gonelong
01-08-2005, 01:31 PM
Don't tell me you'd vote for a Democrat over Taft? :eek:

I'd vote in Satan himself to get rid of Taft.

GL

Ravenlord
01-08-2005, 01:33 PM
"Don't tell me you'd vote for a Democrat over Taft?"

i'd vote for Bill Clinton over Taft.

traderumor
01-08-2005, 02:06 PM
"Don't tell me you'd vote for a Democrat over Taft?"

i'd vote for Bill Clinton over Taft.Isn't it moot since his term limit is up?

Ravenlord
01-08-2005, 02:08 PM
yep, but i'm just saying. and using it as a comparison, because i really don't like President Clinton.

Unassisted
01-18-2005, 11:11 AM
This certainly puts the user fee issue in perspective.
http://www.dispatch.com/news-story.php?story=dispatch/2005/01/18/20050118-A1-00.html

Spending cap would cost Ohio in services

Amendment analysis shows parks, schools might be hit hard

Tuesday, January 18, 2005
Joe Hallett
THE COLUMBUS DISPATCH

If a proposed constitutional amendment to limit state spending had been in place during the past decade, Ohio government would have spent at least $18.7 billion less, an amount roughly equivalent to shutting down state government for a year.

A new government analysis shows that lawmakers would have had to make hard decisions about whether to cut aid to schools, close prisons or parks, eliminate in-home care for the elderly or reduce other services to balance the state budget under the strictures of the amendment targeted for the Ohio ballot in November.

"If this proposal goes forward — good, bad or indifferent — state government cannot continue to be for citizens what it has been over the last 10 years," said Scott Borgemenke, chief of staff for majority Ohio House Republicans.

As lawmakers prepare to debate placing the amendment on the ballot — an action requiring three-fifths majority support from both the House and Senate — Borgemenke directed the House budget staff to analyze what the amendment would have meant for Ohio if it had been in place the past decade, encompassing nine fiscal years.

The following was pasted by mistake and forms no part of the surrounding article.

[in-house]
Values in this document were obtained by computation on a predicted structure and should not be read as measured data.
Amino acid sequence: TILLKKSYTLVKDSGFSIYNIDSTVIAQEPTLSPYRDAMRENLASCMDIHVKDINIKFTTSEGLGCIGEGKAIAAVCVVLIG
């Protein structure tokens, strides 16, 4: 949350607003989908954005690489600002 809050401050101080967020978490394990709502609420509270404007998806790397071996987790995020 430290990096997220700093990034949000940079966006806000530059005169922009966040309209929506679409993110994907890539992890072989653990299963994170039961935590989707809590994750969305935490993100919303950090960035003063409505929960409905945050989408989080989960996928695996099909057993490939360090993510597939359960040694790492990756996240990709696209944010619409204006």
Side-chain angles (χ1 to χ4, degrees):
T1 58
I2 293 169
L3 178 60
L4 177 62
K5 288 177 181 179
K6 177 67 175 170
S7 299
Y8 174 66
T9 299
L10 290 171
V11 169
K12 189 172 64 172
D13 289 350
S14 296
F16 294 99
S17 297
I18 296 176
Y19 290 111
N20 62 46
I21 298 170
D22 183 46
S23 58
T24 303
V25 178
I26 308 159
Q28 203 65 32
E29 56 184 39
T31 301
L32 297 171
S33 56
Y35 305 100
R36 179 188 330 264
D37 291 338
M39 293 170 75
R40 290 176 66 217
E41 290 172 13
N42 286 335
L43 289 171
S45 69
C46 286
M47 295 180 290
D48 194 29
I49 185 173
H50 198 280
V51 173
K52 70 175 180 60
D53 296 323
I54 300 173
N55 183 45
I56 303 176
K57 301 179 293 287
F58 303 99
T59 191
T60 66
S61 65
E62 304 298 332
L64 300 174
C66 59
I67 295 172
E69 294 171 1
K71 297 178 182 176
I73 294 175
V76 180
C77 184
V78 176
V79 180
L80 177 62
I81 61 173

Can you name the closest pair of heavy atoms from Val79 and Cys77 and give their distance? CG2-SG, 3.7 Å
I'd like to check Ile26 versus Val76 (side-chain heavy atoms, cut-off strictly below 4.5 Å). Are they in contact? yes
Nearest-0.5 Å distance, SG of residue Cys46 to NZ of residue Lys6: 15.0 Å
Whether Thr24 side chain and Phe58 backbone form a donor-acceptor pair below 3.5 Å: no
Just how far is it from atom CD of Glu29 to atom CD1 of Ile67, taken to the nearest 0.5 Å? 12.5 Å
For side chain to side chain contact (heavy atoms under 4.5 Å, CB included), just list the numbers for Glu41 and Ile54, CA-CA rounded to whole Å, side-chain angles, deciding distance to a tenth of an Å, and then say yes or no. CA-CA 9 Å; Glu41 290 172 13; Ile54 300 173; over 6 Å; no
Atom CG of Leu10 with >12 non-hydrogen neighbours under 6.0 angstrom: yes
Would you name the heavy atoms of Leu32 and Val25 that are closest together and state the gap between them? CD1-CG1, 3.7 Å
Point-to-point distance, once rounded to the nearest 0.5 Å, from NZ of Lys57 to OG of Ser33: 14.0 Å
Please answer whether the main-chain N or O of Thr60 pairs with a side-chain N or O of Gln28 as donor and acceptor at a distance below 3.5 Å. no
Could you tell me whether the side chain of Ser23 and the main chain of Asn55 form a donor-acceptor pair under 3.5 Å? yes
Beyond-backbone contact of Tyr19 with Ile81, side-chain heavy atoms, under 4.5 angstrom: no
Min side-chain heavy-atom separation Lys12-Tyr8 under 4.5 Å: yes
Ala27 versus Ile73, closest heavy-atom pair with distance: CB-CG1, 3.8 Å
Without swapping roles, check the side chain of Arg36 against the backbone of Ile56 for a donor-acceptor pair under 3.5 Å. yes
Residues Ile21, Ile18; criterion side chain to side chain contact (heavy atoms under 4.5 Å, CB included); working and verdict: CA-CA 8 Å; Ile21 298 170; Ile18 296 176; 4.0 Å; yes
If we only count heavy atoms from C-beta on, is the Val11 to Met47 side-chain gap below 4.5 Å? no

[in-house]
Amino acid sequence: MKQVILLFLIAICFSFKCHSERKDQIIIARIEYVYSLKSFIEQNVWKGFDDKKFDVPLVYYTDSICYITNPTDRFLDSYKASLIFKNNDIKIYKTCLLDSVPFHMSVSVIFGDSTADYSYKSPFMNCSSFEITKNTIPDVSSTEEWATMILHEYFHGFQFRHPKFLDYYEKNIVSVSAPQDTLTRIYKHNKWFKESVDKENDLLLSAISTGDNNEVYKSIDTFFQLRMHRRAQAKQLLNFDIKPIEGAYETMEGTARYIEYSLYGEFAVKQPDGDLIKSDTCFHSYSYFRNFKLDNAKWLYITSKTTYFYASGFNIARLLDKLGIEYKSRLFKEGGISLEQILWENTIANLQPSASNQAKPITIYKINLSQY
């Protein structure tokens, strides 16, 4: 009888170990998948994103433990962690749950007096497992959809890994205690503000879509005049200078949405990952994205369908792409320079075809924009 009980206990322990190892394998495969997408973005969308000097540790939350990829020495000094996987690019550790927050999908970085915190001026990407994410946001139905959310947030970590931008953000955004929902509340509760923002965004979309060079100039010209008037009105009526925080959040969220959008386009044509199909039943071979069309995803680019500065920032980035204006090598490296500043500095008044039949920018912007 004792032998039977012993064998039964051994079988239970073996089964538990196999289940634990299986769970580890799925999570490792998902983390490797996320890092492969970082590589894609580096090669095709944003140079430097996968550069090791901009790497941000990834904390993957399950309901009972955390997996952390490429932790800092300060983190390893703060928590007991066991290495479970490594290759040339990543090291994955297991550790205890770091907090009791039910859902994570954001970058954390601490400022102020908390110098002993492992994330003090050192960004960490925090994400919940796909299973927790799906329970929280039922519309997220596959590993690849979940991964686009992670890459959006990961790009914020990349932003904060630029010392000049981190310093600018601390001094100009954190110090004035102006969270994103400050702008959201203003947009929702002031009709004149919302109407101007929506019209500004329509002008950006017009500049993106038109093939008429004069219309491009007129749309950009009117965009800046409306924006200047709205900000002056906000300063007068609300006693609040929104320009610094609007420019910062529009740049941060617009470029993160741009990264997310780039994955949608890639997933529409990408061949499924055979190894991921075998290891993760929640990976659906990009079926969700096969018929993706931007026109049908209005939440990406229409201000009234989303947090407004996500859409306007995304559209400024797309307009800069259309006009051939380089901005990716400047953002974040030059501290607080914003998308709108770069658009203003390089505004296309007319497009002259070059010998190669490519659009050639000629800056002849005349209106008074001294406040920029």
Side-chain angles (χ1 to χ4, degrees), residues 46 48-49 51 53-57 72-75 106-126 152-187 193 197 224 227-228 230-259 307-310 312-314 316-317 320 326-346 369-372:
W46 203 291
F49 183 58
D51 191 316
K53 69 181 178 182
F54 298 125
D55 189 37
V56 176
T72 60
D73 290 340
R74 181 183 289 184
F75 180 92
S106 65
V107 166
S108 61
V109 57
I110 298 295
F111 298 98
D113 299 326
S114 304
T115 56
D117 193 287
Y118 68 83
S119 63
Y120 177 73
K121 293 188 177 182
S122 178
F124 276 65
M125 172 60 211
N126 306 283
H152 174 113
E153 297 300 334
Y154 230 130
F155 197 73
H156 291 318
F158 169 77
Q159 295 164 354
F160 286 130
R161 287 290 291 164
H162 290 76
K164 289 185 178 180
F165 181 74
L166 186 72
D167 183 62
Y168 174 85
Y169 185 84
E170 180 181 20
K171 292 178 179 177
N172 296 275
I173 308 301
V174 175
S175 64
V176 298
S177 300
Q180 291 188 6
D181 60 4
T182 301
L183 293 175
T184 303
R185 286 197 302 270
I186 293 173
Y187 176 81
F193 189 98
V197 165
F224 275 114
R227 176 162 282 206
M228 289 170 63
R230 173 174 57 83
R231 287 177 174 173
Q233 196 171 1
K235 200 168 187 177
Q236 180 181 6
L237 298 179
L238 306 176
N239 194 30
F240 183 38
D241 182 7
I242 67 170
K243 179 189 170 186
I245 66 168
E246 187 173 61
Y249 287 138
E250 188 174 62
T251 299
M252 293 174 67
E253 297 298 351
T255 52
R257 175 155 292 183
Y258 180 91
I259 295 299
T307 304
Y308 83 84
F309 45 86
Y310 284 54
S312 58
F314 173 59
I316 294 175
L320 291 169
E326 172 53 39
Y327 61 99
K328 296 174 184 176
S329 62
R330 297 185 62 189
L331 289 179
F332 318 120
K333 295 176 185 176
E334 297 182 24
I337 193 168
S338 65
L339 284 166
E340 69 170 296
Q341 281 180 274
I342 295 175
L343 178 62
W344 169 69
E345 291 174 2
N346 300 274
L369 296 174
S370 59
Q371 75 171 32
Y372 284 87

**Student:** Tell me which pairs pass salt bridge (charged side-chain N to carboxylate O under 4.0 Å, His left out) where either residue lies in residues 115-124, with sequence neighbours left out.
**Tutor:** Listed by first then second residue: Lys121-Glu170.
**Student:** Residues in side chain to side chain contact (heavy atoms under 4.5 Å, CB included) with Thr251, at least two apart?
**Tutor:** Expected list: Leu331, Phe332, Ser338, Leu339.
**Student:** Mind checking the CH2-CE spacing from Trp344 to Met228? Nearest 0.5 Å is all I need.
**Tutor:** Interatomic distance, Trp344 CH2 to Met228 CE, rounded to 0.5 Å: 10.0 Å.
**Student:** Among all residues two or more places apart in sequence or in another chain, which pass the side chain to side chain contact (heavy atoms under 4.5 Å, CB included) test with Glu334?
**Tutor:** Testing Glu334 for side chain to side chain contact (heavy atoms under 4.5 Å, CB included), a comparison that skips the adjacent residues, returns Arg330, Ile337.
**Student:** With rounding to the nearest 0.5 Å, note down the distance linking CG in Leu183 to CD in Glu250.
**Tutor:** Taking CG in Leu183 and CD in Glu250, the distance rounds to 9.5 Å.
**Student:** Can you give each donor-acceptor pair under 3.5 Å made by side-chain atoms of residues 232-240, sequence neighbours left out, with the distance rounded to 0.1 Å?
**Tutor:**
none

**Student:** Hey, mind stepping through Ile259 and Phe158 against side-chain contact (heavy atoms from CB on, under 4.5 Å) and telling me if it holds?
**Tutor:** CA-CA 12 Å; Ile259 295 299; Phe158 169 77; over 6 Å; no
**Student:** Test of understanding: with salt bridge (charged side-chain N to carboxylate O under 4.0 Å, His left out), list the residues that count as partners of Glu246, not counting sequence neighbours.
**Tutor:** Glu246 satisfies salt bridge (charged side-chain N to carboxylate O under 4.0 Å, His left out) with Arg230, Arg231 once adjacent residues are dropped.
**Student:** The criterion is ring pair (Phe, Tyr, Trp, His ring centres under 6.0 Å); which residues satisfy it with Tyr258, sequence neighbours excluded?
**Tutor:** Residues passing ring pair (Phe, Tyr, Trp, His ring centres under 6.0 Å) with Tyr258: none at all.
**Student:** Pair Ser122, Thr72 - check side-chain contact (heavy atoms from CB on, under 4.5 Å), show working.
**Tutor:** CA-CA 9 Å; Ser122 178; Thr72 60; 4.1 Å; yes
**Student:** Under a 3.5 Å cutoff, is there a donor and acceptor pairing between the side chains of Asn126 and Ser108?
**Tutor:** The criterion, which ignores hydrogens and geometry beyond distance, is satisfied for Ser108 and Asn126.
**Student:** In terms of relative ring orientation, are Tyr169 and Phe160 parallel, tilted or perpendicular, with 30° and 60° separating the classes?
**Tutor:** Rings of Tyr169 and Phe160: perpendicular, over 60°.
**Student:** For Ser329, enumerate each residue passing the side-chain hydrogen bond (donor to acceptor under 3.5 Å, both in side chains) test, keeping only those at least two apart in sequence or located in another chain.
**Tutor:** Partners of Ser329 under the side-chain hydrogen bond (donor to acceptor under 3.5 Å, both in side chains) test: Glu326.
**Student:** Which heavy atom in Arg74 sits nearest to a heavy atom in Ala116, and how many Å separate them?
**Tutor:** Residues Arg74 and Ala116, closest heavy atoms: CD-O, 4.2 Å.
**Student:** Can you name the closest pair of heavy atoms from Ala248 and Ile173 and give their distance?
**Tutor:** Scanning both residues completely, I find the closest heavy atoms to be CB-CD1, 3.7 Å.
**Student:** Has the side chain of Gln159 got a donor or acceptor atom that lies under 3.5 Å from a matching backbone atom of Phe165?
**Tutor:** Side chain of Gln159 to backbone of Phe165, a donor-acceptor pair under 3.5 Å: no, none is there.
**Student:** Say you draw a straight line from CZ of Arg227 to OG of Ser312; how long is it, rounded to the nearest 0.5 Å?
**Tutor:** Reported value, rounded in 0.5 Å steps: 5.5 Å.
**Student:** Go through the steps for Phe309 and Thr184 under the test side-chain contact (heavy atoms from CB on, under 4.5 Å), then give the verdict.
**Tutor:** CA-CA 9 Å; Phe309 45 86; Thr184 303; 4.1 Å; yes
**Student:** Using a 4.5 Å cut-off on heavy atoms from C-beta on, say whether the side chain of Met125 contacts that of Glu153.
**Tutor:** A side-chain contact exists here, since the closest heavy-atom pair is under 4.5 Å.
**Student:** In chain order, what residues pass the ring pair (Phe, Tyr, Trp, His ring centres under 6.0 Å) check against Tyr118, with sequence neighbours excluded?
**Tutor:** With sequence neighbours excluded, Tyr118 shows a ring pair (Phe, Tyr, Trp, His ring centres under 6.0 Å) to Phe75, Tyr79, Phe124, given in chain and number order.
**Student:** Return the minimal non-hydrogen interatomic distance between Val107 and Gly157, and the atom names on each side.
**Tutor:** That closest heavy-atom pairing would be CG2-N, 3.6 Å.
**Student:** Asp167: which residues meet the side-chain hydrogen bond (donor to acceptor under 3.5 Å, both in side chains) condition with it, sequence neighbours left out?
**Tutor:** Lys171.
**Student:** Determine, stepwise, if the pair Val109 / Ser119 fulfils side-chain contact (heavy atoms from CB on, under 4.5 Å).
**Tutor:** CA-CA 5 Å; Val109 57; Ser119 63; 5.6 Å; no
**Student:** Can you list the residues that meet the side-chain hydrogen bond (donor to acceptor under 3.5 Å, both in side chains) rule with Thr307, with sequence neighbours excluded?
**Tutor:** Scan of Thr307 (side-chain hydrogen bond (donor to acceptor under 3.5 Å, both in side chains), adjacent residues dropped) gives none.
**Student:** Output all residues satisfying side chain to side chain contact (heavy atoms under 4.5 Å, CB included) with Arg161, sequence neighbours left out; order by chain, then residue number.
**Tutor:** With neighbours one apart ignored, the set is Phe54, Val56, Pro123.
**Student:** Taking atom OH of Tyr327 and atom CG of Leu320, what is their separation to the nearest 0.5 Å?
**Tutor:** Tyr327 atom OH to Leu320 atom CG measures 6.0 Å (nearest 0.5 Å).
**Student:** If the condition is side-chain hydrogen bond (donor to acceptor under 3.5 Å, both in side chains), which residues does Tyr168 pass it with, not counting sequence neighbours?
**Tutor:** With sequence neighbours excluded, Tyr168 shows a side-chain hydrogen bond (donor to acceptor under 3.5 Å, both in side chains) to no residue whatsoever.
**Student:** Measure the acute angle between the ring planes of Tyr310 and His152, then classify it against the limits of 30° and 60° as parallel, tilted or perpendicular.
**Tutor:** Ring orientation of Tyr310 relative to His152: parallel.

"We’re trying to see whether we should be for or against this based on the data," Borgemenke said. "It’s a preliminary, back-ofthe-napkin sketch to show our members what the numbers look like. Then you have to take the numbers and apply them to public policy."

The amendment, championed by Ohio Secretary of State J. Kenneth Blackwell and fellow Republican conservatives in the General Assembly, has a good chance of passing in the absence of an alternative ballot proposal, because the concept of reducing the size of government has a visceral appeal to voters, Borgemenke said.

If the legislature declines to put it on the ballot, Blackwell and his anti-tax group, Citizens for Tax Reform, have vowed to secure enough signatures from registered voters to qualify it for the Nov. 8 election. Neither Blackwell nor Rep. Linda Reidelbach, R-Columbus, House sponsor of a bill to put the amendment before voters, could be reached for comment last night.

The amendment would prohibit state spending from increasing above the combined rate of inflation and population growth unless three-fifths of the legislature and a majority of voters approve the higher spending. The spending restrictions also would apply to city, village and township governments.